Accelerating climate action buildings – strengthening civil society and policy-makers in Romania and Bulgaria (Our Buildings)
The EU Clean Energy Package brings changes to the way countries must draft and report integrated National Energy and Climate Plans (NECPs) and long-term renovation strategies to decarbonise the building stock by 2050. The project will develop capacity and transfer knowledge enabling municipalities and civil society to integrate building renovation strategies in local and National Energy and Climate Plans.
The project will enable the target groups to fulfil the Clean Energy Package requirements, while creating lasting benefits in Romania and Bulgaria. The project will increase exchange between the two countries and disseminate results throughout South-East Europe, create capacity to strengthen NECPs, pursue policy coherence, contribute to common objectives, support effective governance, train national and local public officers and enable civil society and national stakeholders to contribute proactively to the NECPs.
By the end of the project, civil society and stakeholders will have increased their role in developing and implementing action plans for building renovation and in strengthening and creating new networks. Target groups will be informed about changes introduced by the Clean Energy Package for all Europeans and will be trained to incorporate renovation strategies in energy and climate plans. Partners will communicate with public officers and stakeholders, train 50 public officers and stakeholders in 10 municipalities and support the development of at least 10 municipal renovation strategies.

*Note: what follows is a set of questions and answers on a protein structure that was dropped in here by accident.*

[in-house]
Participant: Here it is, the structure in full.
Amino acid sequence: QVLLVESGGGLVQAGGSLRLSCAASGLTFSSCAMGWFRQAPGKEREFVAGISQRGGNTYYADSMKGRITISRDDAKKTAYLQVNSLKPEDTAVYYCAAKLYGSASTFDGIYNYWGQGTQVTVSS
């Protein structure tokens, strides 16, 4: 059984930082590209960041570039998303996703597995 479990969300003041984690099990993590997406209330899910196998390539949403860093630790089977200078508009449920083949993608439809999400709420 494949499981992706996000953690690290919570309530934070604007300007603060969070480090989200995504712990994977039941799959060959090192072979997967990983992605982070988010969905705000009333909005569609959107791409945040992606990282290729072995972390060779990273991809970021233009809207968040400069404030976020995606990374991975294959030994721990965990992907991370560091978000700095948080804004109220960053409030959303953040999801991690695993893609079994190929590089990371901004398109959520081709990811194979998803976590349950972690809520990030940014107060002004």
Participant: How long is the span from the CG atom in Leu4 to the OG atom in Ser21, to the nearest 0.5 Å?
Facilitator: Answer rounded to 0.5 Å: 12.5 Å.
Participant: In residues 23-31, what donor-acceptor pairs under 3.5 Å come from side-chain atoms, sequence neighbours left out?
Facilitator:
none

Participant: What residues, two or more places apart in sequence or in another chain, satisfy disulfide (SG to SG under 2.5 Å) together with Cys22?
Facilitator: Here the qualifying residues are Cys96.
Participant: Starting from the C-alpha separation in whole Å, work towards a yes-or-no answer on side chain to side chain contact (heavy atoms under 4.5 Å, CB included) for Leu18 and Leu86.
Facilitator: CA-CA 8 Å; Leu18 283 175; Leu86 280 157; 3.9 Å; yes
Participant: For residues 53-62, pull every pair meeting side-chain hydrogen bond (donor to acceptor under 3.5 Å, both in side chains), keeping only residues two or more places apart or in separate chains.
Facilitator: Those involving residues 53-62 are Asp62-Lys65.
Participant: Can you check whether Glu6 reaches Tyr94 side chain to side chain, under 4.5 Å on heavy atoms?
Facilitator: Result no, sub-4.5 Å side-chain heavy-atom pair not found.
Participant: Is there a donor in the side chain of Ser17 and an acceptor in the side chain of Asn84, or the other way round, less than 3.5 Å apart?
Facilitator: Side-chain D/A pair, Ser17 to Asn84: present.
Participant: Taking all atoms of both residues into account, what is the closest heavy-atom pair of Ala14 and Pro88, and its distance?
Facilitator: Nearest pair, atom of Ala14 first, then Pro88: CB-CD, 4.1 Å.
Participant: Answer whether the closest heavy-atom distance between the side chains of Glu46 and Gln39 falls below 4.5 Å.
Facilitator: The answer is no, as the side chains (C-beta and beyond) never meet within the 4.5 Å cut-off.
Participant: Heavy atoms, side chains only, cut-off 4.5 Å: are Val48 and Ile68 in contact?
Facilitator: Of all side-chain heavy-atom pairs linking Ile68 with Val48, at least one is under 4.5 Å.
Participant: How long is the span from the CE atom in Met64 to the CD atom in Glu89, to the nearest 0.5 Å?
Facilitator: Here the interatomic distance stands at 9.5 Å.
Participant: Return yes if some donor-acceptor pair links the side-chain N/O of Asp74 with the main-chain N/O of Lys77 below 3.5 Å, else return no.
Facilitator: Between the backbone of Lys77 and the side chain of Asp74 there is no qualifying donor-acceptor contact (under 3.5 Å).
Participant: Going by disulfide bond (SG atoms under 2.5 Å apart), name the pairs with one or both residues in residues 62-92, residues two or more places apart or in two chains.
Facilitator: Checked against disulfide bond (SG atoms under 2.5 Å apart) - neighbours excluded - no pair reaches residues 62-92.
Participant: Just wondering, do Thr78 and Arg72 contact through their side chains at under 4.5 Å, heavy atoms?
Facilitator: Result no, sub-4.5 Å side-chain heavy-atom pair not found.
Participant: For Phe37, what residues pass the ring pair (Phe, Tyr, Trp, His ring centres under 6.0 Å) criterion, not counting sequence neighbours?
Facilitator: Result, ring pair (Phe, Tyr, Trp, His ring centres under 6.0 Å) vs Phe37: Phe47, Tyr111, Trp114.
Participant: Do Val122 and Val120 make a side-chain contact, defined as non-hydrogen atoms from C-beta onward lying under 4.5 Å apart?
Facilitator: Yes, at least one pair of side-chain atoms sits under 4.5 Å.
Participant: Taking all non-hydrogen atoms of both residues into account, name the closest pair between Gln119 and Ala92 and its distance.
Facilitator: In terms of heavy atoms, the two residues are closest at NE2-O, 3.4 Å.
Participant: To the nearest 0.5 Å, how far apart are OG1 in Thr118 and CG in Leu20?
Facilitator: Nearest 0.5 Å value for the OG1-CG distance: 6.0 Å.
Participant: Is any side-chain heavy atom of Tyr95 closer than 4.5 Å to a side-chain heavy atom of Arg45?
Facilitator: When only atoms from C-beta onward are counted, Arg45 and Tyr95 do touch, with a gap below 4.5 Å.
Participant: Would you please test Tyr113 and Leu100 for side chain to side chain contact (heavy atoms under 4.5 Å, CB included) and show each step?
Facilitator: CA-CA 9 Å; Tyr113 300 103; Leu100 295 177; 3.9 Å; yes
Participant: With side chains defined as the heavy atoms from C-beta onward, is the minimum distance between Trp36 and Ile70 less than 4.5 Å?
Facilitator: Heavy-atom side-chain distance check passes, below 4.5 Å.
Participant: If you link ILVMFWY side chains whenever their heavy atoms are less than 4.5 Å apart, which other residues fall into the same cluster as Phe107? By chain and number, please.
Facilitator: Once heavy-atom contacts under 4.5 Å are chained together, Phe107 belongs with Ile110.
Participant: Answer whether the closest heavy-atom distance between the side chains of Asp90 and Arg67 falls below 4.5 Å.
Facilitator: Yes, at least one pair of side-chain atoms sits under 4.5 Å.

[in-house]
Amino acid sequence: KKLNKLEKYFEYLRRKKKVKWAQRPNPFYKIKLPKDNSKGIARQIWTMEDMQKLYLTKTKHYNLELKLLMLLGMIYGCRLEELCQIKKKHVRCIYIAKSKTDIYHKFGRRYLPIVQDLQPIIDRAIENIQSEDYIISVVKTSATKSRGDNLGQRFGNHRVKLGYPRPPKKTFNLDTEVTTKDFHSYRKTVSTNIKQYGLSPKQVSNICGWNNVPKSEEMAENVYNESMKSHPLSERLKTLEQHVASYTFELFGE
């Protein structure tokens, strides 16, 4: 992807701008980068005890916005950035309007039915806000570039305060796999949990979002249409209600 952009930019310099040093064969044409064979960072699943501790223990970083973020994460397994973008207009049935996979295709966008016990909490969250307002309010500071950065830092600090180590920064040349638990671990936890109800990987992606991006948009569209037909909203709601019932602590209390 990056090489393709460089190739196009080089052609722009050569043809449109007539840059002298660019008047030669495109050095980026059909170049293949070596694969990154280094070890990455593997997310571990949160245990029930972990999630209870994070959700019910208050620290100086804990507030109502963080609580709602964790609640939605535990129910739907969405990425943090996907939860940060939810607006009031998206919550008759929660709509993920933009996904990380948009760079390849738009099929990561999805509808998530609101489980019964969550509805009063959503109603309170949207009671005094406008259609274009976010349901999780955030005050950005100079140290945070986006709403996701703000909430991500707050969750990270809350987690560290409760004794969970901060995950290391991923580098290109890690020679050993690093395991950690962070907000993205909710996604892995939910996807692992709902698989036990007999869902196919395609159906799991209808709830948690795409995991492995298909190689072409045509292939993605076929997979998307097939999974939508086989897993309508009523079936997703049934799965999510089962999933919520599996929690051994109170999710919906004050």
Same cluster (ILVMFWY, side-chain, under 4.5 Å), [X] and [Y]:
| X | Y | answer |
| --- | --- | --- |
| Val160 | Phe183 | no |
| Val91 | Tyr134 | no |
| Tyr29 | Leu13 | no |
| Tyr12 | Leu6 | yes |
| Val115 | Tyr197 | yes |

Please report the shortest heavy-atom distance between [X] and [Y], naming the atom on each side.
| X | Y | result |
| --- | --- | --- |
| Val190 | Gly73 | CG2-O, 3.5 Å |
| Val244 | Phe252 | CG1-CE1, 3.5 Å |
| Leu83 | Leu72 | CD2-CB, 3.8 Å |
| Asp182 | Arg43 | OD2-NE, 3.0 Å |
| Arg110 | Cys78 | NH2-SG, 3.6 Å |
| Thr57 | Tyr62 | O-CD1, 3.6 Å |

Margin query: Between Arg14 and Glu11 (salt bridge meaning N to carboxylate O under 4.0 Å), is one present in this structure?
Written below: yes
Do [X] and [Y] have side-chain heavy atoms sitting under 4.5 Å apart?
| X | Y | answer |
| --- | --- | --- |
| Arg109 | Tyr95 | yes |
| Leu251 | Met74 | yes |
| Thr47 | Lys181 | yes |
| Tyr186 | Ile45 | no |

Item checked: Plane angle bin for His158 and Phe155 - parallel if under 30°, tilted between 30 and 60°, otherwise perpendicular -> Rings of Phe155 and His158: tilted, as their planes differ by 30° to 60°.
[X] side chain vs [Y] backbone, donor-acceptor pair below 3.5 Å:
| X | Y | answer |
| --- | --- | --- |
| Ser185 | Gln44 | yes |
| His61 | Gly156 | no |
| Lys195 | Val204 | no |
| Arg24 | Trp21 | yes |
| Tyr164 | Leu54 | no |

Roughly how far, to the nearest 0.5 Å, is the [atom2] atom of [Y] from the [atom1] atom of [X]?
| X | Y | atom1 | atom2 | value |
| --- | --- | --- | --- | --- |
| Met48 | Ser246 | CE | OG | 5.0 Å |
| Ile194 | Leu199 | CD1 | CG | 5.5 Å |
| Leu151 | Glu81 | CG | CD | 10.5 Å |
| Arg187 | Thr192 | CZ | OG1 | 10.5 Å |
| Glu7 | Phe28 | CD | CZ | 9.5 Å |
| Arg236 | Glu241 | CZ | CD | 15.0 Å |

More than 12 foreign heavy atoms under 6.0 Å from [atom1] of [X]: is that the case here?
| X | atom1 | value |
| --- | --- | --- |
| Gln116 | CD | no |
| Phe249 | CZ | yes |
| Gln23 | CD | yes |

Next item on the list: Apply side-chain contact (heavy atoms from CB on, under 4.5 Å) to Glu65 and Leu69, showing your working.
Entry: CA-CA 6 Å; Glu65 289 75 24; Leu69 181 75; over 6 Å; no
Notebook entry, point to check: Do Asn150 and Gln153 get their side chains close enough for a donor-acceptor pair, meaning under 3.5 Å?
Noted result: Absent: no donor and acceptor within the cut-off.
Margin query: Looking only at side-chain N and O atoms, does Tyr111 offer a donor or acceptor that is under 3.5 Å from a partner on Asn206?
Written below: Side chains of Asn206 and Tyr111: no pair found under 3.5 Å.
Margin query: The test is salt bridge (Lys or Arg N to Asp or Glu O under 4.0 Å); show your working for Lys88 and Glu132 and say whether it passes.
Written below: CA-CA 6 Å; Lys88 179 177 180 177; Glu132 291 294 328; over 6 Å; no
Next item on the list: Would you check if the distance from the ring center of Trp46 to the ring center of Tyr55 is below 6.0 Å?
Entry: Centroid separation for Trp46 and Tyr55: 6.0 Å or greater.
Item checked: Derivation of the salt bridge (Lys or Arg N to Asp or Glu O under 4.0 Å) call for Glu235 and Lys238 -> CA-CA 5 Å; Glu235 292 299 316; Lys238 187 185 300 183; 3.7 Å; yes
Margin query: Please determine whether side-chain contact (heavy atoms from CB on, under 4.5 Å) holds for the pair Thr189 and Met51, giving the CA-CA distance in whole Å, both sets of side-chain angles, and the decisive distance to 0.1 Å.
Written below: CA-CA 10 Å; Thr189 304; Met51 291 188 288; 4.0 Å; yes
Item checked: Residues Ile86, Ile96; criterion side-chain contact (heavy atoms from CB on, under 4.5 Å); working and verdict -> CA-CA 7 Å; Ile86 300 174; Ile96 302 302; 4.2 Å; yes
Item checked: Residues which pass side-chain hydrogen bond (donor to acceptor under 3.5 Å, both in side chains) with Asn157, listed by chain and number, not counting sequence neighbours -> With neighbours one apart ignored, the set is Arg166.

The importance of renovation strategies in the building sector. Source: EmBuild. Designer: Visuality.
Policy makers at regional and municipal level throughout Europe struggle to implement measures to boost renovation activities, and local players face multiple challenges in developing and implementing renovation strategies and climate plans. The local authorities’ limited involvement in national planning, the lack of capacity to contribute to national strategies and develop local strategies, and a shortage of financial and technical expertise are only some of the challenges. These challenges are particularly prevalent in the project’s target countries, Bulgaria and Romania, which are characterised by similar building stock, large run-down communist-era blocks and inefficient individual homes, contributing to air pollution and high CO2 emissions.
This project is part of the European Climate Initiative (EUKI). EUKI is a project financing instrument by the German Federal Ministry for the Environment, Nature Conservation and Nuclear Safety (BMU). The EUKI competition for project ideas is implemented by the Deutsche Gesellschaft für Internationale Zusammenarbeit (GIZ) GmbH. It is the overarching goal of the EUKI to foster climate cooperation within the European Union (EU) in order to mitigate greenhouse gas emissions.